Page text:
It’s November, which for many of us, indicates that it is time for Parent Teacher Conferences.  Early in my career I dreaded parent teacher conferences. I collected student work samples, cleaned my classroom, changed my bulletin boards, and provided a multitude of resources (color coded and on cardstock of course) outside my classroom for parents to take and peruse while they waited for their conference to start.  From the outside looking in, I had it all together, I was calm and collected but deep down I was sick to my stomach wanting the next day and a half to be over!

In the district I started my career in we would send first quarter report cards home on a Friday and then the following week we would have conferences.  Due to the timing, and honestly my lack of ongoing 1:1 communication with my students’ families, my conferences usually revolved around the report card and progress made so far in the year.  As any reflective educator does, by my second year I started asking myself why I continued to run my conferences the same way if I dreaded them year to year?? After collaborating with my mentor and colleagues, holding parent roundtables, doing research and a lot of reflection,I moved to twice a year student-led conferences.

I was hesitant to move to this format as I feared it would prevent parents telling me something I should know because their child was there, or worse, make me feel that I couldn’t share information that I needed to so that I could protect my students feelings and opinion of me.  To address this concern I started to change the way and frequency that I communicated with families 1:1. Before changing my practice I would only see and talk to families 1:1 at conferences unless there was a concern. So, instead of waiting for November to come around I called every parent the first week of school to introduce myself, talk about their student adjusting to my classroom, listen to their concerns, praises, etc.  Then I didn’t wait until conferences to talk to them 1:1 again, but rather I called one family a day to update them on their child’s progress and answer any questions they might have, etc.. I would leave messages or have a quick 10 minute conversation, it didn’t take long at all but the dialogue was so meaningful that I quickly established relationships with my families that still continue today. A call a day is how simple it was and in a month I had connected with every family at least once.  This simple change in practice allowed me the freedom to host student-led conferences without feeling the conversation had to be stifled or monitored. Now that I had relationships with my families and had ongoing dialogue about their child’s progress it put a lot less pressure on parent teacher conference for everyone!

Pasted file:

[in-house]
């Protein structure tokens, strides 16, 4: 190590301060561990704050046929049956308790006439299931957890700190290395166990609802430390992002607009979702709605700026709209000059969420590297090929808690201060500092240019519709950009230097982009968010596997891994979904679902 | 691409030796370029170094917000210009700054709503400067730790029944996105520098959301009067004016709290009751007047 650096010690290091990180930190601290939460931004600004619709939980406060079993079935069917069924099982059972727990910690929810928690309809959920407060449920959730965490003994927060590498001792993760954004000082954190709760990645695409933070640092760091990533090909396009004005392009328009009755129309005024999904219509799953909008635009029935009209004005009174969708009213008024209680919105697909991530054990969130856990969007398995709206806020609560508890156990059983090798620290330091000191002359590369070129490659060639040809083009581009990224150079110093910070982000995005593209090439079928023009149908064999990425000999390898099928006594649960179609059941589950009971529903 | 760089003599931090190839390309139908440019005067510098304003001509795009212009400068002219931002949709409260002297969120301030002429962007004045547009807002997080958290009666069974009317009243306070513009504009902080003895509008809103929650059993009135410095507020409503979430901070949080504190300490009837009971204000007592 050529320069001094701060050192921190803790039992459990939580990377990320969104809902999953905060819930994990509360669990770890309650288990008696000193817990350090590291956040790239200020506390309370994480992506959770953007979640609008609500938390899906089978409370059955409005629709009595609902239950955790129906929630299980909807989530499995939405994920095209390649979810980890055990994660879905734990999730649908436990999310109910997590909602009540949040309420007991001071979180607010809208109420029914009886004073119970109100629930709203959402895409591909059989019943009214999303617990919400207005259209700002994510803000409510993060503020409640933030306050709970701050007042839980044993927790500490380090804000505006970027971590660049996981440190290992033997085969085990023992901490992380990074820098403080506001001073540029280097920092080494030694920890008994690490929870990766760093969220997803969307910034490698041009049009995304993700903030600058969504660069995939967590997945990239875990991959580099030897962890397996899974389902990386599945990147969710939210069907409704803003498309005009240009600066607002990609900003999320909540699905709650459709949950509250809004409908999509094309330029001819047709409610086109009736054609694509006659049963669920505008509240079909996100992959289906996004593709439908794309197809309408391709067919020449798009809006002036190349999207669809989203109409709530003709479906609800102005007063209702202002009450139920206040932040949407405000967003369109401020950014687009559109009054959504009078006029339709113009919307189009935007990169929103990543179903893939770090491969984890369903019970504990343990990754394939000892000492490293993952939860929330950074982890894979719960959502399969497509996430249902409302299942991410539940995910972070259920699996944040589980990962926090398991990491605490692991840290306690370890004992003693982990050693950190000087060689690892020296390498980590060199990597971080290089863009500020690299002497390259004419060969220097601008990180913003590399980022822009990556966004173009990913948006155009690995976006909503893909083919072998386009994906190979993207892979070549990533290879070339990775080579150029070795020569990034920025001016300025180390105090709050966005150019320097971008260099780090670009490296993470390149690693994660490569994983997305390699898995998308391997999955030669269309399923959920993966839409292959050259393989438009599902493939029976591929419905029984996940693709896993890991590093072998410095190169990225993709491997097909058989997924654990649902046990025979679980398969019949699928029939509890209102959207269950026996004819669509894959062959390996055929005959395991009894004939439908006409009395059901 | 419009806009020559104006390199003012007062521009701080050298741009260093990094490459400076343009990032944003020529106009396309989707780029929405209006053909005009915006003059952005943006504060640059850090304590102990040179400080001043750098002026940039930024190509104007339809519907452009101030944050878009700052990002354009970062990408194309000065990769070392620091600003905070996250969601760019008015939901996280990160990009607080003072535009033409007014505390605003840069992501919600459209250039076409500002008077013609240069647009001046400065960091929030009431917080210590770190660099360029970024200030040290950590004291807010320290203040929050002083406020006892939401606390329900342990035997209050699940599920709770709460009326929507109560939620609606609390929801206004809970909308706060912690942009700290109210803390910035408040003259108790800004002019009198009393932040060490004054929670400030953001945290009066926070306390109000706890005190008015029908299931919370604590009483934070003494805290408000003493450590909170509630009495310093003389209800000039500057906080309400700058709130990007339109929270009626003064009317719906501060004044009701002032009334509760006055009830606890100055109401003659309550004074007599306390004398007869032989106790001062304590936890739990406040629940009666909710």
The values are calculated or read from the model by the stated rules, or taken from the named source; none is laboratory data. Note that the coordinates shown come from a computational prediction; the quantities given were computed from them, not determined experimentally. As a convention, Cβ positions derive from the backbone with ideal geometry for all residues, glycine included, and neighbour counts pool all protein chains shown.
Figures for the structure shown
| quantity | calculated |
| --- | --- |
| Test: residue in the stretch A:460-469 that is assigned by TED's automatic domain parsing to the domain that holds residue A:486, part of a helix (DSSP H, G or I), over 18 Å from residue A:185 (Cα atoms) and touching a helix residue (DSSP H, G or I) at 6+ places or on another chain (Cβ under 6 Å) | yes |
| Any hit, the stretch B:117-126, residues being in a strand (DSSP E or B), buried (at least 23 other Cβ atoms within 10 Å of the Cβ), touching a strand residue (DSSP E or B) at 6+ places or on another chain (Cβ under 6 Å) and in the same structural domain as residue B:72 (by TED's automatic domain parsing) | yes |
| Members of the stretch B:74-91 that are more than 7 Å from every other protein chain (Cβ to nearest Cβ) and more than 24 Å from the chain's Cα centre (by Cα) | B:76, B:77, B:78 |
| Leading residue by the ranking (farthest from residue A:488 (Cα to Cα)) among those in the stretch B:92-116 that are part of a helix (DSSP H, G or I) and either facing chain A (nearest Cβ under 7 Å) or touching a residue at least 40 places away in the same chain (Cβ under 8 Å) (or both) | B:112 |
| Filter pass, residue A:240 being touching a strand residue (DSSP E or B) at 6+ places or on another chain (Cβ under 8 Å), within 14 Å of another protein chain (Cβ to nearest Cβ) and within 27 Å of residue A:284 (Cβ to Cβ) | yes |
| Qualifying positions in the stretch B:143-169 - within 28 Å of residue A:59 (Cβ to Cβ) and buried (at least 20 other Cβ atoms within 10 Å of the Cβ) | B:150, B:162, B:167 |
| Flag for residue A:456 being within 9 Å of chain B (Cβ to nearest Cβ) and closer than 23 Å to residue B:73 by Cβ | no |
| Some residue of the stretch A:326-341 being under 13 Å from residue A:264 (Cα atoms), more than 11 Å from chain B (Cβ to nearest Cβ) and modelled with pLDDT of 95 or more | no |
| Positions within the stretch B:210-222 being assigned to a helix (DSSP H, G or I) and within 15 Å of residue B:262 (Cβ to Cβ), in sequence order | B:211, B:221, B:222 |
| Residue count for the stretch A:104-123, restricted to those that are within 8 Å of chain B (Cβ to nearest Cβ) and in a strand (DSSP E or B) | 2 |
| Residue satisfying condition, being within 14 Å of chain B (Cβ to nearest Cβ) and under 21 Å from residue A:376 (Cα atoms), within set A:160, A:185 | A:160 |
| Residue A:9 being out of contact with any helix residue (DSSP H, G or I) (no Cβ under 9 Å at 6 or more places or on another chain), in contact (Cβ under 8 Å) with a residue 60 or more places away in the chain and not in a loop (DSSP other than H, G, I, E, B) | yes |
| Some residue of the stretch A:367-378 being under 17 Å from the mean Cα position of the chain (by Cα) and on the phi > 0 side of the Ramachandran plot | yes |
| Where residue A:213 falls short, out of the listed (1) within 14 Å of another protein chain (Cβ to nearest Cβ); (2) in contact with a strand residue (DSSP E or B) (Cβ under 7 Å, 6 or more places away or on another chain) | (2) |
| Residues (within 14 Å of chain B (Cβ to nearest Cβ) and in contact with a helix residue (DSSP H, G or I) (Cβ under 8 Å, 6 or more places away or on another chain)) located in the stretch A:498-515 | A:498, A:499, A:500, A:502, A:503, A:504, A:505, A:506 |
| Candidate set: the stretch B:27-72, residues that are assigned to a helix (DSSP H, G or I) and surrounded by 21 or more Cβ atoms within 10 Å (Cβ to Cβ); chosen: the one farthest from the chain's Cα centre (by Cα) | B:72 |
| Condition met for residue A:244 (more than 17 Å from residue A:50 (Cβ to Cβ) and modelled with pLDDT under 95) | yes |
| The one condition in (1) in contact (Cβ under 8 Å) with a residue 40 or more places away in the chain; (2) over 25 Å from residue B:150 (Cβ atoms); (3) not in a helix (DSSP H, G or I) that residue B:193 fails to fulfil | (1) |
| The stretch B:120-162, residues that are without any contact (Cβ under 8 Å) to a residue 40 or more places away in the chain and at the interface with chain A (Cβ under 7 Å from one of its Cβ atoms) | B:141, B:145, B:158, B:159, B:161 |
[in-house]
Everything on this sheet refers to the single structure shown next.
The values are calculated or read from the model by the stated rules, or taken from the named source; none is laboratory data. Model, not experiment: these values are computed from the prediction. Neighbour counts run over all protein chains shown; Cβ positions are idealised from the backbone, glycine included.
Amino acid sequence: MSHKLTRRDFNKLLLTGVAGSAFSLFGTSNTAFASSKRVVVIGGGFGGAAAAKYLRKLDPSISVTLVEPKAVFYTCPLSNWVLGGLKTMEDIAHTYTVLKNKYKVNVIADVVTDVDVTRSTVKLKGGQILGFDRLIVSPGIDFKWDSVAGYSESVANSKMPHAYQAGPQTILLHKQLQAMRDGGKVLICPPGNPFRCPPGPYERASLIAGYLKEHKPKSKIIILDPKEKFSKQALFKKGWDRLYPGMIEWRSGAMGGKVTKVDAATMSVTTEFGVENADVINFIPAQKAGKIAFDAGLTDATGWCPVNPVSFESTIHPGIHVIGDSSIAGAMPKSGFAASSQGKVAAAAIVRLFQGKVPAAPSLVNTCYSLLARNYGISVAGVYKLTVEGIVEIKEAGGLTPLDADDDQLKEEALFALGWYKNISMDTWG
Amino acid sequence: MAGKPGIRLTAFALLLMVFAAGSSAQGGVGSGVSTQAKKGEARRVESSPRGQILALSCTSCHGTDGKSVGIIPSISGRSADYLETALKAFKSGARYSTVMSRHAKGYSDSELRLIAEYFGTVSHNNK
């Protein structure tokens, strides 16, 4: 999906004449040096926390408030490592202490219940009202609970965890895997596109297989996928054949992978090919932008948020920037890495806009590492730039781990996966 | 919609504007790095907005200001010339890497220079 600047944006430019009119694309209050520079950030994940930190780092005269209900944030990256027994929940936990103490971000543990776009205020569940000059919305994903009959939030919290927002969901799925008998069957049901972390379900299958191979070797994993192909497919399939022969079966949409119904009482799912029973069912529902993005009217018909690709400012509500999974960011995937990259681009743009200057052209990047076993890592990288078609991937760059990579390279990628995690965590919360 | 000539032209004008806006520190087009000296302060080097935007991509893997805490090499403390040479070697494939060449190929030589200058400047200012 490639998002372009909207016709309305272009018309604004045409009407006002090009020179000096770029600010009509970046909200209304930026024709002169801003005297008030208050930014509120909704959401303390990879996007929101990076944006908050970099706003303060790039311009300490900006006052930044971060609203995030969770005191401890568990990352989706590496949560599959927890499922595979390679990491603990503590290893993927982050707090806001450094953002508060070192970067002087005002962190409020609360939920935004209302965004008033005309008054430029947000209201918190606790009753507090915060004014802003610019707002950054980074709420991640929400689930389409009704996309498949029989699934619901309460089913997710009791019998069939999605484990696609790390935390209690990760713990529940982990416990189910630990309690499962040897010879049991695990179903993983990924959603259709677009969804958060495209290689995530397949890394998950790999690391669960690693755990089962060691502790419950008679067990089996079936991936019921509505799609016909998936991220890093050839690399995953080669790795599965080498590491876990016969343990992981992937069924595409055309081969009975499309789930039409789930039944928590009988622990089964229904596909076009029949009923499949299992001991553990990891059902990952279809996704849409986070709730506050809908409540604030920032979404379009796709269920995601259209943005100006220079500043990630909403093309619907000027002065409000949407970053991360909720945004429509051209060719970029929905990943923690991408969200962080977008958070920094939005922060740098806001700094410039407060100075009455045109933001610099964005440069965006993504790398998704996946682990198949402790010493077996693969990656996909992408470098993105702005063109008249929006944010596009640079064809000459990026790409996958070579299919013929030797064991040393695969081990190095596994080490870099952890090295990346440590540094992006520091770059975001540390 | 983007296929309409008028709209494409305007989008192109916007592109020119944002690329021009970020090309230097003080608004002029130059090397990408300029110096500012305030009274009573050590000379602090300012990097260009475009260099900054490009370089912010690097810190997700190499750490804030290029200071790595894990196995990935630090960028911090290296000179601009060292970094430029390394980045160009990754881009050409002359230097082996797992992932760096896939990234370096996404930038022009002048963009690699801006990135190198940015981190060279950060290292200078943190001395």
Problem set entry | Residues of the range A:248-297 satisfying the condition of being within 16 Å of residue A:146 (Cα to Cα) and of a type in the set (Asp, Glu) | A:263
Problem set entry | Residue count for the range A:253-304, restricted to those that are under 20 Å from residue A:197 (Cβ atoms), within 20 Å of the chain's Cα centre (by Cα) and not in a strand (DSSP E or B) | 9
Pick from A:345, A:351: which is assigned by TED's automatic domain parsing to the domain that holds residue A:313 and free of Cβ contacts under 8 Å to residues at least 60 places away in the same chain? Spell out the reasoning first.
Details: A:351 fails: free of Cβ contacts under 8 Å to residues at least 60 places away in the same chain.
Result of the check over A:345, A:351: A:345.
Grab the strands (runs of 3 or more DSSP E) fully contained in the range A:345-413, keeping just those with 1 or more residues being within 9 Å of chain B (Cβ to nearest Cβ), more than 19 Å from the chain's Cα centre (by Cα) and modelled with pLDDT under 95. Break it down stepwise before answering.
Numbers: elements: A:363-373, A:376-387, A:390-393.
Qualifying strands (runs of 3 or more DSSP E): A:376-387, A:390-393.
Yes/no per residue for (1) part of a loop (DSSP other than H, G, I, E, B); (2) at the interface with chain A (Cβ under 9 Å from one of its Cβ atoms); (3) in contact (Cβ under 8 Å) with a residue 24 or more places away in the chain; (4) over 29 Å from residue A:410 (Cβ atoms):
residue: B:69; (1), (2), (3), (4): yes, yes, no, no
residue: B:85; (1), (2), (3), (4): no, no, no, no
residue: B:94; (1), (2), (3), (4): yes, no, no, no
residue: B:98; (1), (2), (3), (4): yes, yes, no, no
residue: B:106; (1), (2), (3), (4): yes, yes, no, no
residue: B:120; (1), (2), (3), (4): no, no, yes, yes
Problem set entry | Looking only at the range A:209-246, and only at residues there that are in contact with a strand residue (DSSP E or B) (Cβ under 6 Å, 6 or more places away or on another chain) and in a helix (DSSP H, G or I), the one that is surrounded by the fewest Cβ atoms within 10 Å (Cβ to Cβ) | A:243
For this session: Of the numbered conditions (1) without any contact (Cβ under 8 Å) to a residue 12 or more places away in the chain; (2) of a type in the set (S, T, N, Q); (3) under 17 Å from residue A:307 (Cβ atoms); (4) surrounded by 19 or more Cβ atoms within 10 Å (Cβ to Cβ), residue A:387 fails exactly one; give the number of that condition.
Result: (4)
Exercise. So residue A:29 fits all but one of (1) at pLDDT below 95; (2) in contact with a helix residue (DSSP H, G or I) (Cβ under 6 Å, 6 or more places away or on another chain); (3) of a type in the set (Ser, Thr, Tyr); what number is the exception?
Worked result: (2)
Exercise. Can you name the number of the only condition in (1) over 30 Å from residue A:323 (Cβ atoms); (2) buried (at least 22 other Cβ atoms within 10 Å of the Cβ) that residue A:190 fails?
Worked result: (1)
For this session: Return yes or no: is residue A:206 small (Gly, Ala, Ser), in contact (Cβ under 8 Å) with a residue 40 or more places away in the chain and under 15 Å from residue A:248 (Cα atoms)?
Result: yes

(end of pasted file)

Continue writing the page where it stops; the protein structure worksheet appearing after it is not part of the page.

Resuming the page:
Moving to student-led conferences changed my world, I went from dreading the day and half experience to welcoming it with open arms and even being excited about the opportunity to sit down with my students and families.  Here are a few tips (my 3 Ps) so that you can learn from my experience and move to a more impactful conference experience for all stakeholders:

  • Provide Time – The last thing you want is for your students to feel rushed “presenting” to their families.  I suggest hosting student-led conferences in the fall and spring. Each conference should be between 15-20 min.  You will plan and have more work to share than time allots but because this is a student-led conference the dialogue doesn’t stop at the end of the conference, families can go home and continue to talk with their child about their learning and portfolio.
  • Prepare – Have students create binders, reflection sheets, portfolios, etc..  Student choice is key here – if you have them put in artifacts they don’t like or aren’t passionate about they won’t speak to them at the conference.  Set loose guidelines about what must be included such as, at least one artifact per subject as well as a reflection sheet about each piece.
  • Presentation – Work with students on their speaking and listening skills.  Spend time teaching students how to have conversations so that the conference isn’t just a showcase of their work but rather the student explaining what they learned and how they learned, why they picked that piece, etc..

If I haven’t sold you on student-led conferences by this point, check out this video from Edutopia to hear about the empowerment and ownership that student-led conferences provide:

Please start reviewing your conference/communication practices so that we can empower our students and families to be an active partner in our goals to help their student succeed.


Katie Algrim – Director of Innovative Professional Learning

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